Making responsibility-sharing operational: Comparing asylum and climate governance
International law demands that refugees obtain humanitarian protection in a safe country. However, which country should be responsible for which refugee remains a contested and unresolved question of international asylum governance - in particular in the event of refugee emergencies. Sharing the common responsibility of humanitarian protection is motivated by distributional fairness and the aim of overcoming a collective action problem.
To this day, such efforts tend to fail in practice as most countries are reluctant to enter binding commitments on refugee intakes. International climate governance could provide ideas for how to do this, and in this way offers an important avenue for rethinking refugee responsibility-sharing. Not only does climate governance provide an example of how different equity principles can be used to allocate state responsibilities, it also helps to identify the prospects and limits of responsibility-sharing in refugee protection.
While the general norm of responsibility-sharing, i.e. a fair and equitable allocation of refugees across receiving countries, finds wide support by both states and citizens, its operationalization is glaringly lacking. Progress on that front requires a better understanding of translating the abstract norm of responsibility-sharing into concrete duties of states by differentiating the commo responsibility of protection.
As we show in our recent article, climate governance offers an illuminating comparison to better understand different options and challenges of establishing effective responsibility-sharing in asylum governance. The two policy areas are constituted by similar governance challenges as they both require collective action among states to provide an international public good by distributing responsibilities. In climate governance, this is preserving a stable climate through a collective effort to fairly distribute climate mitigation responsibilities among states. In asylum governance, this is providing humanitarian protection through a collective effort to fairly distribute protection responsibilities among states.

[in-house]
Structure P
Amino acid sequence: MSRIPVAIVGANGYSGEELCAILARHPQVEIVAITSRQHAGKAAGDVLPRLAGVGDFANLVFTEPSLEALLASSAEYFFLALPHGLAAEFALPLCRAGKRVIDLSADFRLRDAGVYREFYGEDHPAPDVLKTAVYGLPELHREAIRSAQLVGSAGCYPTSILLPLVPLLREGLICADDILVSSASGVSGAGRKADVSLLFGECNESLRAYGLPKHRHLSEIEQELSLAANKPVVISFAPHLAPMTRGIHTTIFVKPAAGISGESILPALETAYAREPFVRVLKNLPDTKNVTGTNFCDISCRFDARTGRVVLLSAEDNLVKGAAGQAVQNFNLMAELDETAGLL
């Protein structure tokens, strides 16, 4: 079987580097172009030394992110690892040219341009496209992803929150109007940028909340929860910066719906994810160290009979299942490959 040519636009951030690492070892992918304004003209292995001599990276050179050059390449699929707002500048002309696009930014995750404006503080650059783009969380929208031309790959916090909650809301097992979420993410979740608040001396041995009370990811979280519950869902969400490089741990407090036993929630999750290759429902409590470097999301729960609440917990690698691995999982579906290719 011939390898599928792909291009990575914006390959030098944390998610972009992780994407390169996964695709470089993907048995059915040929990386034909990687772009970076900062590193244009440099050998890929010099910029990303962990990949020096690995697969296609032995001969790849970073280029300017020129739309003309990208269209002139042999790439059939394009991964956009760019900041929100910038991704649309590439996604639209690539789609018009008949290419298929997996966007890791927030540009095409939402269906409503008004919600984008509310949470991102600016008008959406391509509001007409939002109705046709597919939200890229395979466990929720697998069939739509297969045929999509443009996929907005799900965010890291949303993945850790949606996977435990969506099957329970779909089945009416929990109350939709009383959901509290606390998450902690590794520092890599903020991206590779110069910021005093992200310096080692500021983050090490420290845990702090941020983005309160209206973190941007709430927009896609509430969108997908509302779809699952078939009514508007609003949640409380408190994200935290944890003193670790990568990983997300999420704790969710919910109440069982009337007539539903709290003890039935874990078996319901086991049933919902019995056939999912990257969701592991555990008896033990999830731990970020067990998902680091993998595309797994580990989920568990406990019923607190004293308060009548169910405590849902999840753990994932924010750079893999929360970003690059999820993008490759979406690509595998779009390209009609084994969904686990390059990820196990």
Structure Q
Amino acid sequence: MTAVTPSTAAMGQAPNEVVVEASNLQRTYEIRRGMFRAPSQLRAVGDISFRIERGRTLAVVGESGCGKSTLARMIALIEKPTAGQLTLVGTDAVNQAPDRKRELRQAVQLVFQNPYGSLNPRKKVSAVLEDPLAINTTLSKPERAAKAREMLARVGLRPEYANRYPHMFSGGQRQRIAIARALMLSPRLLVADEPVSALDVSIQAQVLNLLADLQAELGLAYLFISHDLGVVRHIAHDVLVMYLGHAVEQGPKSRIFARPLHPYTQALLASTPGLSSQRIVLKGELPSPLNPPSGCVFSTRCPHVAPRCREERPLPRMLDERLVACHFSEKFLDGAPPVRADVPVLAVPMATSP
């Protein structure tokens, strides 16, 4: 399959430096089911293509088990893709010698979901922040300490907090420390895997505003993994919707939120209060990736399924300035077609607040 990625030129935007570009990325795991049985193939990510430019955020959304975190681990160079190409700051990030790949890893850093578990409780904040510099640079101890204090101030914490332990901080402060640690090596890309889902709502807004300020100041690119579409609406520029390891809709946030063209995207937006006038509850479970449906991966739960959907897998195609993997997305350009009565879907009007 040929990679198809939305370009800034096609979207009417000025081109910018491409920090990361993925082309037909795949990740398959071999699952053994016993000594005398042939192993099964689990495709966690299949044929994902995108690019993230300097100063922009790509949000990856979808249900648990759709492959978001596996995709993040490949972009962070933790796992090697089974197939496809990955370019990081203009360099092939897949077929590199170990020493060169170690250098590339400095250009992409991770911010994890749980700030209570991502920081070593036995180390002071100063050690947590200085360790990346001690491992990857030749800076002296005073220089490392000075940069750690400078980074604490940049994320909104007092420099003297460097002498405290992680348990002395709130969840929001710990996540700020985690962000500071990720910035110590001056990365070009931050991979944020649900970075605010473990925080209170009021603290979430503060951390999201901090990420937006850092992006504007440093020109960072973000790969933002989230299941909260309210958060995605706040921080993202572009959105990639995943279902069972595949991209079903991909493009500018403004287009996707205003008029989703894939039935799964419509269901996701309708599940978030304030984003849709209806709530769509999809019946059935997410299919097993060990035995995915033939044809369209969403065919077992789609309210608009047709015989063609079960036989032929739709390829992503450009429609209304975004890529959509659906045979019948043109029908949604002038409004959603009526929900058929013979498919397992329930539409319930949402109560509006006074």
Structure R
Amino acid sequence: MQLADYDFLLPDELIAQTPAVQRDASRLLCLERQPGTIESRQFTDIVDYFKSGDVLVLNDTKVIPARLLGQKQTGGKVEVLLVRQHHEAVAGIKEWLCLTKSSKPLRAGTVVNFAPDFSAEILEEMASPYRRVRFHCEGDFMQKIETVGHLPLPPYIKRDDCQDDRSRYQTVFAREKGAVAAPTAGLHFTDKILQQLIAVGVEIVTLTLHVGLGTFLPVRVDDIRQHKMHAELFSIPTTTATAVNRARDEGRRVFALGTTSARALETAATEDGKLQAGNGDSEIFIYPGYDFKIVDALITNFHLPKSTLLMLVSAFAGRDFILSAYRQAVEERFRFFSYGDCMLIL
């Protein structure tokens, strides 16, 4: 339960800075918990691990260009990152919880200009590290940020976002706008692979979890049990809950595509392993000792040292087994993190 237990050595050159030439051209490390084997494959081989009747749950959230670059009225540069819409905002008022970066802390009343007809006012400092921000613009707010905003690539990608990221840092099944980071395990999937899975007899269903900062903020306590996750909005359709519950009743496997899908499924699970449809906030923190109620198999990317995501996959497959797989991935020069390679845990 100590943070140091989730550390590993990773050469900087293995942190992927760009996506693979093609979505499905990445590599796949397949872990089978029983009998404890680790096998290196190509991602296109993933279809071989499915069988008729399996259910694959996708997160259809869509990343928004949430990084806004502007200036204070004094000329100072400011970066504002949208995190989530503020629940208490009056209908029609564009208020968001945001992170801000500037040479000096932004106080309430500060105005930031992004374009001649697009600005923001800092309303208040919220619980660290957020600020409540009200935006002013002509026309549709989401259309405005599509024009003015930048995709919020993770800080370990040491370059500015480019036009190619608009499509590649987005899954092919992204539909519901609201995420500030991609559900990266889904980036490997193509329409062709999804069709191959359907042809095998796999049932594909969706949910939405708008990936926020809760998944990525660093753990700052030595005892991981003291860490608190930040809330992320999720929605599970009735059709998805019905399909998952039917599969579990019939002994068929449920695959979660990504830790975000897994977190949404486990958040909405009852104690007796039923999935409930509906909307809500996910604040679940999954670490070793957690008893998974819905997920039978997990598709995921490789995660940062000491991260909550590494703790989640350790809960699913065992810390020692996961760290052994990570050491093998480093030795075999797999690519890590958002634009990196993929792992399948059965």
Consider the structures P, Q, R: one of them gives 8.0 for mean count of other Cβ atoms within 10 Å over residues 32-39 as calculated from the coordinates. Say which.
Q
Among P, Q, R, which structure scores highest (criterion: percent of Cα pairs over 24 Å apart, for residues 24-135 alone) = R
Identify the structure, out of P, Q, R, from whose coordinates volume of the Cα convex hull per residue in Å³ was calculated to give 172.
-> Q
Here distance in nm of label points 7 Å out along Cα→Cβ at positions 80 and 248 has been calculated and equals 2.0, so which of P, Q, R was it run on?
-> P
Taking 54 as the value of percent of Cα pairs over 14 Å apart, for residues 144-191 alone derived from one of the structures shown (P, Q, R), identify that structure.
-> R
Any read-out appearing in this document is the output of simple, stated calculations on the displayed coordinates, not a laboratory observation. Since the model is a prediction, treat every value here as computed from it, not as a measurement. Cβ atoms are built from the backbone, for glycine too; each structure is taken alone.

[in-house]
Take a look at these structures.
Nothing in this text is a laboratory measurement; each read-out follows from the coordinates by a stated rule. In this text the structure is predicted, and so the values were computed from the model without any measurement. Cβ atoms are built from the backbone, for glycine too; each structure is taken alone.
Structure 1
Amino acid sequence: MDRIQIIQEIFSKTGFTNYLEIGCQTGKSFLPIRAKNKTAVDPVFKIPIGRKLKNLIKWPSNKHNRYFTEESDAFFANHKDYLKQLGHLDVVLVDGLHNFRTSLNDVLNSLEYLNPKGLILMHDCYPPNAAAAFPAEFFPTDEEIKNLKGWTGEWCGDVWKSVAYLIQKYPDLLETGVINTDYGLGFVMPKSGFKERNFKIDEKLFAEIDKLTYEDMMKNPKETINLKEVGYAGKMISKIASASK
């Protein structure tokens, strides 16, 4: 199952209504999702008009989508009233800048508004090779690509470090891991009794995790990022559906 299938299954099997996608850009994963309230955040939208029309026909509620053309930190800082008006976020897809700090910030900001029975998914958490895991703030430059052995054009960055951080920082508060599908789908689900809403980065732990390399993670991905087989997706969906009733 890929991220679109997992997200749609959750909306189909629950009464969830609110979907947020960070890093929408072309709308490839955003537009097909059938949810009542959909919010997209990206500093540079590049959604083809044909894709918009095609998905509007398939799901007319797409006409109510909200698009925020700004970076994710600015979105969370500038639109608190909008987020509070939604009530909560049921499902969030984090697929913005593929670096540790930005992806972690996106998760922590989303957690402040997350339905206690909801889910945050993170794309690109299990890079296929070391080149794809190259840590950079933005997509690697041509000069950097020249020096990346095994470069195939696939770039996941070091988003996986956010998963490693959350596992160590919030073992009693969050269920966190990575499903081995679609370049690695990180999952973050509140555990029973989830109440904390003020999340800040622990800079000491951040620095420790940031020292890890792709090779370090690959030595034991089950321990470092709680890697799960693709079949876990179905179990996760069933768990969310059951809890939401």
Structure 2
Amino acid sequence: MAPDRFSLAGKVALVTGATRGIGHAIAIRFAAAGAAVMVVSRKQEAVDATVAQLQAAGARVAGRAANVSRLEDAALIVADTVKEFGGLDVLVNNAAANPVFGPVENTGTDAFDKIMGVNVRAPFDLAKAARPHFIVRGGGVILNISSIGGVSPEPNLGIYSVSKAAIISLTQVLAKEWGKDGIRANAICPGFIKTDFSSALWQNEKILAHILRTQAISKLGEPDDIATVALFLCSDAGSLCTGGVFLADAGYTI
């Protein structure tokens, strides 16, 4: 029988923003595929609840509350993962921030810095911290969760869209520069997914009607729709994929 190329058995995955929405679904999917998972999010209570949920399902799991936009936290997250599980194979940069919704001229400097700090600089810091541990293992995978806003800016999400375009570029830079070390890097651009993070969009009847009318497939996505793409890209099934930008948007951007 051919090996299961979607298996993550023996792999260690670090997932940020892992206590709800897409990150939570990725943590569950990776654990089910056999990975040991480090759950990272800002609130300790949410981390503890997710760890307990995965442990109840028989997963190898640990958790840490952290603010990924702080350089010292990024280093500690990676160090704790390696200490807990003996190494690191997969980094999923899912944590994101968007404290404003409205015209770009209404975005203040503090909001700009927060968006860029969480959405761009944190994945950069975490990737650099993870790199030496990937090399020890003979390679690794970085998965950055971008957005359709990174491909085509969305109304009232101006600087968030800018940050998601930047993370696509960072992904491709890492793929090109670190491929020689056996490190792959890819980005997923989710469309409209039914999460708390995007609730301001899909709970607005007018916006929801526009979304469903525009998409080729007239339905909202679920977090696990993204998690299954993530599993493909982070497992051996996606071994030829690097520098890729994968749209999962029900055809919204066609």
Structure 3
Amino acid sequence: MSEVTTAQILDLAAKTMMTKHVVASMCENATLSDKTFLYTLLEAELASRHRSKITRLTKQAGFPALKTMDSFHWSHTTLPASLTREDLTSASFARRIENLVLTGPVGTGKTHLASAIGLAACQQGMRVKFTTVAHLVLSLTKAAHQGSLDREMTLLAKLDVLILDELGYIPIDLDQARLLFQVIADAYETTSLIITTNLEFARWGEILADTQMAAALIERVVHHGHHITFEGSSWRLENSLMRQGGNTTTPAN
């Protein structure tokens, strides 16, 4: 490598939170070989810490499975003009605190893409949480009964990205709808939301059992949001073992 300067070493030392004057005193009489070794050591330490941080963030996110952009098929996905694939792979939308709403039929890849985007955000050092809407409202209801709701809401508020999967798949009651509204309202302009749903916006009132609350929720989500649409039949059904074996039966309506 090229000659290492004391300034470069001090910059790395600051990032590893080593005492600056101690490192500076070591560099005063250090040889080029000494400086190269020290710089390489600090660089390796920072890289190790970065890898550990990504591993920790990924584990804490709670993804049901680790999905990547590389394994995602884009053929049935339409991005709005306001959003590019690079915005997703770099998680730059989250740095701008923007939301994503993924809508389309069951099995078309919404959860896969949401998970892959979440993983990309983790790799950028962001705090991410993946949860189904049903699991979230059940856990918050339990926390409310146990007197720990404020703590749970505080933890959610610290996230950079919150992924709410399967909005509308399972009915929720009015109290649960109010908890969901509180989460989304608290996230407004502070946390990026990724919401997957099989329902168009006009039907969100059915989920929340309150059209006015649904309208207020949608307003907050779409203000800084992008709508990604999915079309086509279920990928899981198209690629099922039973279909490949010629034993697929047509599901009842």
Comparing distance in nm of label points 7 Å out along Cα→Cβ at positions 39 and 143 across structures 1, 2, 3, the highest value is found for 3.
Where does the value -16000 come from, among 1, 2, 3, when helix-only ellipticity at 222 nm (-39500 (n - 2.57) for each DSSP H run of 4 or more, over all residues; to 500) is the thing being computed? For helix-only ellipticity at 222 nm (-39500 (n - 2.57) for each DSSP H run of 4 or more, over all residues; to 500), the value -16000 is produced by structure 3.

Lessons from asylum and climate governance
Responsibility-sharing requires the determination of specific state duties in a fair and equitable manner. A range of equity principles are available for that purpose, such as the ‘polluter pays’ principle (responsibility allocation proportional to states' contribution to the problem) or the ‘capacity principle’ (responsibility allocation proportional to states' capacity to resolve the problem). Any allocation mechanism seeks to commit states to rules regarding how each state should contribute to the international public good. The history of refugee governance shows that the operationalisation of responsibility-sharing has been approached in two distinct ways that resemble experiences in international climate governance: a fixed ‘distribution key’ and a flexible global framework.
A fixed ‘distribution key’
During the so-called refugee crisis of 2015, the EU Commission proposed a ‘distribution key’ to relocate refugees to its member states. Using objective, quantifiable as well as verifiable indicators to determine each member state’s refugee share, this was the most comprehensive attempt to establish a binding mechanism of responsibility-sharing. However, it failed to be successfully implemented during the crisis or to be installed as a permanent allocation scheme. The asymmetric interests between states prevented them from entering binding commitments that would oblige them to higher refugee intakes.
In a similar vein, states agreed on fixed reduction targets in the 1997 Kyoto protocol, the first comprehensive agreement to tackle climate change. However, multiple big emitters either refused to ratify the protocol (e.g. the United States) or left it after the first period (e.g. Canada). In combination with growing emissions from emerging economies the agreement ultimately covered less than 20% of worldwide emissions and failed to reverse the trend of growing emissions.